New, Reversible CRISPR Method Can Control Gene Expression While Leaving DNA Sequence Unchanged

New, Reversible CRISPR Method Can Control Gene Expression While Leaving DNA Sequence Unchanged
fahrbot-bot shares a report from Phys.Org: Over the past decade, the CRISPR-Cas9 gene editing system has revolutionized genetic engineering, allowing scientists to make targeted changes to organisms’ DNA. While the system could potentially be useful in treating a variety of diseases, CRISPR-Cas9 editing involves cutting DNA strands, leading to permanent changes to the cell’s genetic material. Now, in a paper published online in Cell on April 9, researchers describe a new gene editing technology called CRISPRoff that allows researchers to control gene expression with high specificity while leaving the sequence of the DNA unchanged. The classic CRISPR-Cas9 system uses a DNA-cutting protein called Cas9 found in bacterial immune systems. The system can be targeted to specific genes in human cells using a single guide RNA, where the Cas9 proteins create tiny breaks in the DNA strand. Then the cell’s existing repair machinery patches up the holes. Because these methods alter the underlying DNA sequence, they are permanent. That’s where the researchers saw an opportunity for a different kind of gene editor — one that didn’t alter the DNA sequences themselves, but changed the way they were read in the cell. This sort of modification is what scientists call ‘epigenetic’ — genes may be silenced or activated based on chemical changes to the DNA strand. Epigenetic gene silencing often works through methylation — the addition of chemical tags to to certain places in the DNA strand — which causes the DNA to become inaccessible to RNA polymerase, the enzyme which reads the genetic information in the DNA sequence into messenger RNA transcripts, which can ultimately be the blueprints for proteins. With this new CRISPRoff technology, one can [express a protein briefly] to write a program that’s remembered and carried out indefinitely by the cell.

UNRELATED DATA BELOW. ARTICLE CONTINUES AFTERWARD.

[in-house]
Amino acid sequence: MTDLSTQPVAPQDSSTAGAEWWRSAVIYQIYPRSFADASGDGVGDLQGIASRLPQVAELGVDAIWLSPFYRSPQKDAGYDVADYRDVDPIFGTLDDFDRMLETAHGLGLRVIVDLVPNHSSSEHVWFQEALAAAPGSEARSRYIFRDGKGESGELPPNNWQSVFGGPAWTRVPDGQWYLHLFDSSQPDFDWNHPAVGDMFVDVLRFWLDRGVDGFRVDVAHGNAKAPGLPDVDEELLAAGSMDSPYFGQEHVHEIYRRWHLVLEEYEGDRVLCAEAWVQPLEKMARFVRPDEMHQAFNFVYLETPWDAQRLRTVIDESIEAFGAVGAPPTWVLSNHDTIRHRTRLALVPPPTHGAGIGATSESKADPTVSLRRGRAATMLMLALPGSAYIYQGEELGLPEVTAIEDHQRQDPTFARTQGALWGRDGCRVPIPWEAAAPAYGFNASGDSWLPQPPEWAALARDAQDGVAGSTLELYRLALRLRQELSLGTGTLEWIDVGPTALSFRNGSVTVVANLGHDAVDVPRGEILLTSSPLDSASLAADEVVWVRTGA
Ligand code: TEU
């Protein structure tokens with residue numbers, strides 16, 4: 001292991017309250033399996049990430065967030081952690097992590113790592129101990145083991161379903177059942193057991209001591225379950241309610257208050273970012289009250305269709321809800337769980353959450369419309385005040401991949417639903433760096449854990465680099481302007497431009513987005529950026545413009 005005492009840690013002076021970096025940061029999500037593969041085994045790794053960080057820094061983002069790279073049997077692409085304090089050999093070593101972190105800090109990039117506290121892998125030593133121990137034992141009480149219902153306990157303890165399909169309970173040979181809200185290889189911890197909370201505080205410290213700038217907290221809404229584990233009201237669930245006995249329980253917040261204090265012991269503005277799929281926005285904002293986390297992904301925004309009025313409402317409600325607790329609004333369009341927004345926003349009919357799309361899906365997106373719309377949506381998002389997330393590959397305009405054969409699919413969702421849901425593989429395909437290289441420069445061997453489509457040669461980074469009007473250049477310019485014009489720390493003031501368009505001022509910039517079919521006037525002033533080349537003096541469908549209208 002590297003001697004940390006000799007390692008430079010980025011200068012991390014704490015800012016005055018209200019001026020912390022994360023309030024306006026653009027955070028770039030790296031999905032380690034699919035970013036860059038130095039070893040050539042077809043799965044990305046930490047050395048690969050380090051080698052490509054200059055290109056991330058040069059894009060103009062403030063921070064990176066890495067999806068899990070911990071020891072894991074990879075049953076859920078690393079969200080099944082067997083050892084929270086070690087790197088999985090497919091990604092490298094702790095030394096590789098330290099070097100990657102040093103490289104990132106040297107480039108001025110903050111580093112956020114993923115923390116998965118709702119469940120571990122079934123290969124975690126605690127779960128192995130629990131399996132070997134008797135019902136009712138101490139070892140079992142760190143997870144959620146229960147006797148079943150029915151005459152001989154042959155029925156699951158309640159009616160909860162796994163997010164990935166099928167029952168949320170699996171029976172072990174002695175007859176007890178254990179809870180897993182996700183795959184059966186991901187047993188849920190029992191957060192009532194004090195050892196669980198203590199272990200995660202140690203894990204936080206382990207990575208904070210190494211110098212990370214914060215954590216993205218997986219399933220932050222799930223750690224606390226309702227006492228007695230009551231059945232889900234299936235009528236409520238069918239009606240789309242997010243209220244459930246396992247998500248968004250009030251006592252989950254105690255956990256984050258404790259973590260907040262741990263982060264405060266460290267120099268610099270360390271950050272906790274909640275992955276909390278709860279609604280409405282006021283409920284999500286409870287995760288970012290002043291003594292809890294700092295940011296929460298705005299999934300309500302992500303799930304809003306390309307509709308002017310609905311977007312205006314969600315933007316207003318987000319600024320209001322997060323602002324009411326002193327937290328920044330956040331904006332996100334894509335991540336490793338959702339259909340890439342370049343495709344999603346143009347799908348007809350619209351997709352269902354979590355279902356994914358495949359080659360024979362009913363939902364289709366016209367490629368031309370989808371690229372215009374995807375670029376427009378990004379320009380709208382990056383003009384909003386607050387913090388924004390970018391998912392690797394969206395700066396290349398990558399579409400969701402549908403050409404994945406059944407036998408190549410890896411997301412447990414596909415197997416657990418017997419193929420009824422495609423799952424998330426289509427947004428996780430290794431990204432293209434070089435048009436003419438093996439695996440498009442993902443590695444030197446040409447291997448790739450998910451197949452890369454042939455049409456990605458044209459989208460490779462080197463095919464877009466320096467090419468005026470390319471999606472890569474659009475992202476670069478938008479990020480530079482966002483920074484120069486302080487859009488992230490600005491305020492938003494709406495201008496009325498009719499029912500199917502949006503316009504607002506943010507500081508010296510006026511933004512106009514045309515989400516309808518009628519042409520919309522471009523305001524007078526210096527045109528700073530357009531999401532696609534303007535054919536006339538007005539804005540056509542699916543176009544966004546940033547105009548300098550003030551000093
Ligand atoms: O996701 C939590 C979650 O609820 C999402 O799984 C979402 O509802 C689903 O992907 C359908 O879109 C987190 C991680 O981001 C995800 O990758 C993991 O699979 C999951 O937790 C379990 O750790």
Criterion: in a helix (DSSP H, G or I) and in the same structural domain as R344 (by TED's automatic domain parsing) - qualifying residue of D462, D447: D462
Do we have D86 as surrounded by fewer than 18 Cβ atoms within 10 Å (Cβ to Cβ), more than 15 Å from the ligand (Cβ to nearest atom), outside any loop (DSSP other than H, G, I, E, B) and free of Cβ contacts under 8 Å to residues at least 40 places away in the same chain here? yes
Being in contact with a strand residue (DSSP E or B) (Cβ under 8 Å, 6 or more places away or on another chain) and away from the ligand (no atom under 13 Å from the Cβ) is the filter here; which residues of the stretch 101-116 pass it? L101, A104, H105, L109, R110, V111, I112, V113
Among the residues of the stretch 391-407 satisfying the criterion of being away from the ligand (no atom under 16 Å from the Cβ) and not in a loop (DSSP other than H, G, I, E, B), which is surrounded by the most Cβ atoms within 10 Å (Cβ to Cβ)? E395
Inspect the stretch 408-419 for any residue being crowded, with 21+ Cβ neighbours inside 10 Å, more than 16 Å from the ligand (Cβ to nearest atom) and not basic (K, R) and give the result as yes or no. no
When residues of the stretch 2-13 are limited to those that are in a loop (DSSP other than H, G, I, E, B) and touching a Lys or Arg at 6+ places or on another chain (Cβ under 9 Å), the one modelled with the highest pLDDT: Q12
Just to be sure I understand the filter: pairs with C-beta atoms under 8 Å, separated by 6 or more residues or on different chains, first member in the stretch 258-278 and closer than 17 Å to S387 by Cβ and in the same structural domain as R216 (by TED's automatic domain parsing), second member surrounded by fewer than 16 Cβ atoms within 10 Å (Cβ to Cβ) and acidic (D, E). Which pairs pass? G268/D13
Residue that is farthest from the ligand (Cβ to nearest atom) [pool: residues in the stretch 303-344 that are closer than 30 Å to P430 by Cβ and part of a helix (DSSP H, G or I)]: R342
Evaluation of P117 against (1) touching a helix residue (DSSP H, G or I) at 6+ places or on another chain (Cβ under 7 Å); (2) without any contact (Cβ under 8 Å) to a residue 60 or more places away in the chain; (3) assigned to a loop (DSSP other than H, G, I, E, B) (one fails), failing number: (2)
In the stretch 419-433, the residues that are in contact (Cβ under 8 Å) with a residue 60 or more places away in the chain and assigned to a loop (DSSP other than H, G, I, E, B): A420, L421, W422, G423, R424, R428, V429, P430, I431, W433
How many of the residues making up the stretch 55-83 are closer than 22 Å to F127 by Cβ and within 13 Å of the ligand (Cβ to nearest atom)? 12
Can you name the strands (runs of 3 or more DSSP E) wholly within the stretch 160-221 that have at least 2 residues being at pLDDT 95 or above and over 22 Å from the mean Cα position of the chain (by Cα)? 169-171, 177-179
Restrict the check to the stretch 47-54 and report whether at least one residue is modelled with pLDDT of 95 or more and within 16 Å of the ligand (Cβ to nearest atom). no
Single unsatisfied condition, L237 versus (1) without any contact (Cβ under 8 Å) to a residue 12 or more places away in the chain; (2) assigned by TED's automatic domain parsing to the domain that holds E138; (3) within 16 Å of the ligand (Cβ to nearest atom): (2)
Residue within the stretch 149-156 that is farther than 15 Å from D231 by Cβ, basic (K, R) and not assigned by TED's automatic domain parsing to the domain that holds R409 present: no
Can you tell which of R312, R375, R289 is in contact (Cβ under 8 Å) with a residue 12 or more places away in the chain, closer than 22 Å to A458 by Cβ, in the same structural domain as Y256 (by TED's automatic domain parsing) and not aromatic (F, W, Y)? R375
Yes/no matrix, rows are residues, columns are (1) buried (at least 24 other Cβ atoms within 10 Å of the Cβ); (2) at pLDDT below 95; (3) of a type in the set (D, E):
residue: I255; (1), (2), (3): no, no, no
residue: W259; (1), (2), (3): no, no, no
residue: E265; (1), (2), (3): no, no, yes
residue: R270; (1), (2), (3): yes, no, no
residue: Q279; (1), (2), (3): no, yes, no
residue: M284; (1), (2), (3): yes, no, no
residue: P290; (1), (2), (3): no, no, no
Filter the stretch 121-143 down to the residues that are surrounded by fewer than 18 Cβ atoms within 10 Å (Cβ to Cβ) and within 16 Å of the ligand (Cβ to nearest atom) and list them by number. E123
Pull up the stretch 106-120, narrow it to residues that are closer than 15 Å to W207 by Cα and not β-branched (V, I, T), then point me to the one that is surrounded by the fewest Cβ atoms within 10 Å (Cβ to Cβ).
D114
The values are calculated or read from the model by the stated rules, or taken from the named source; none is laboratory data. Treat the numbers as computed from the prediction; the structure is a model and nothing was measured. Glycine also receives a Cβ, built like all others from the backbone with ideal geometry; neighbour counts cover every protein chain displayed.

Read more of this story at Slashdot.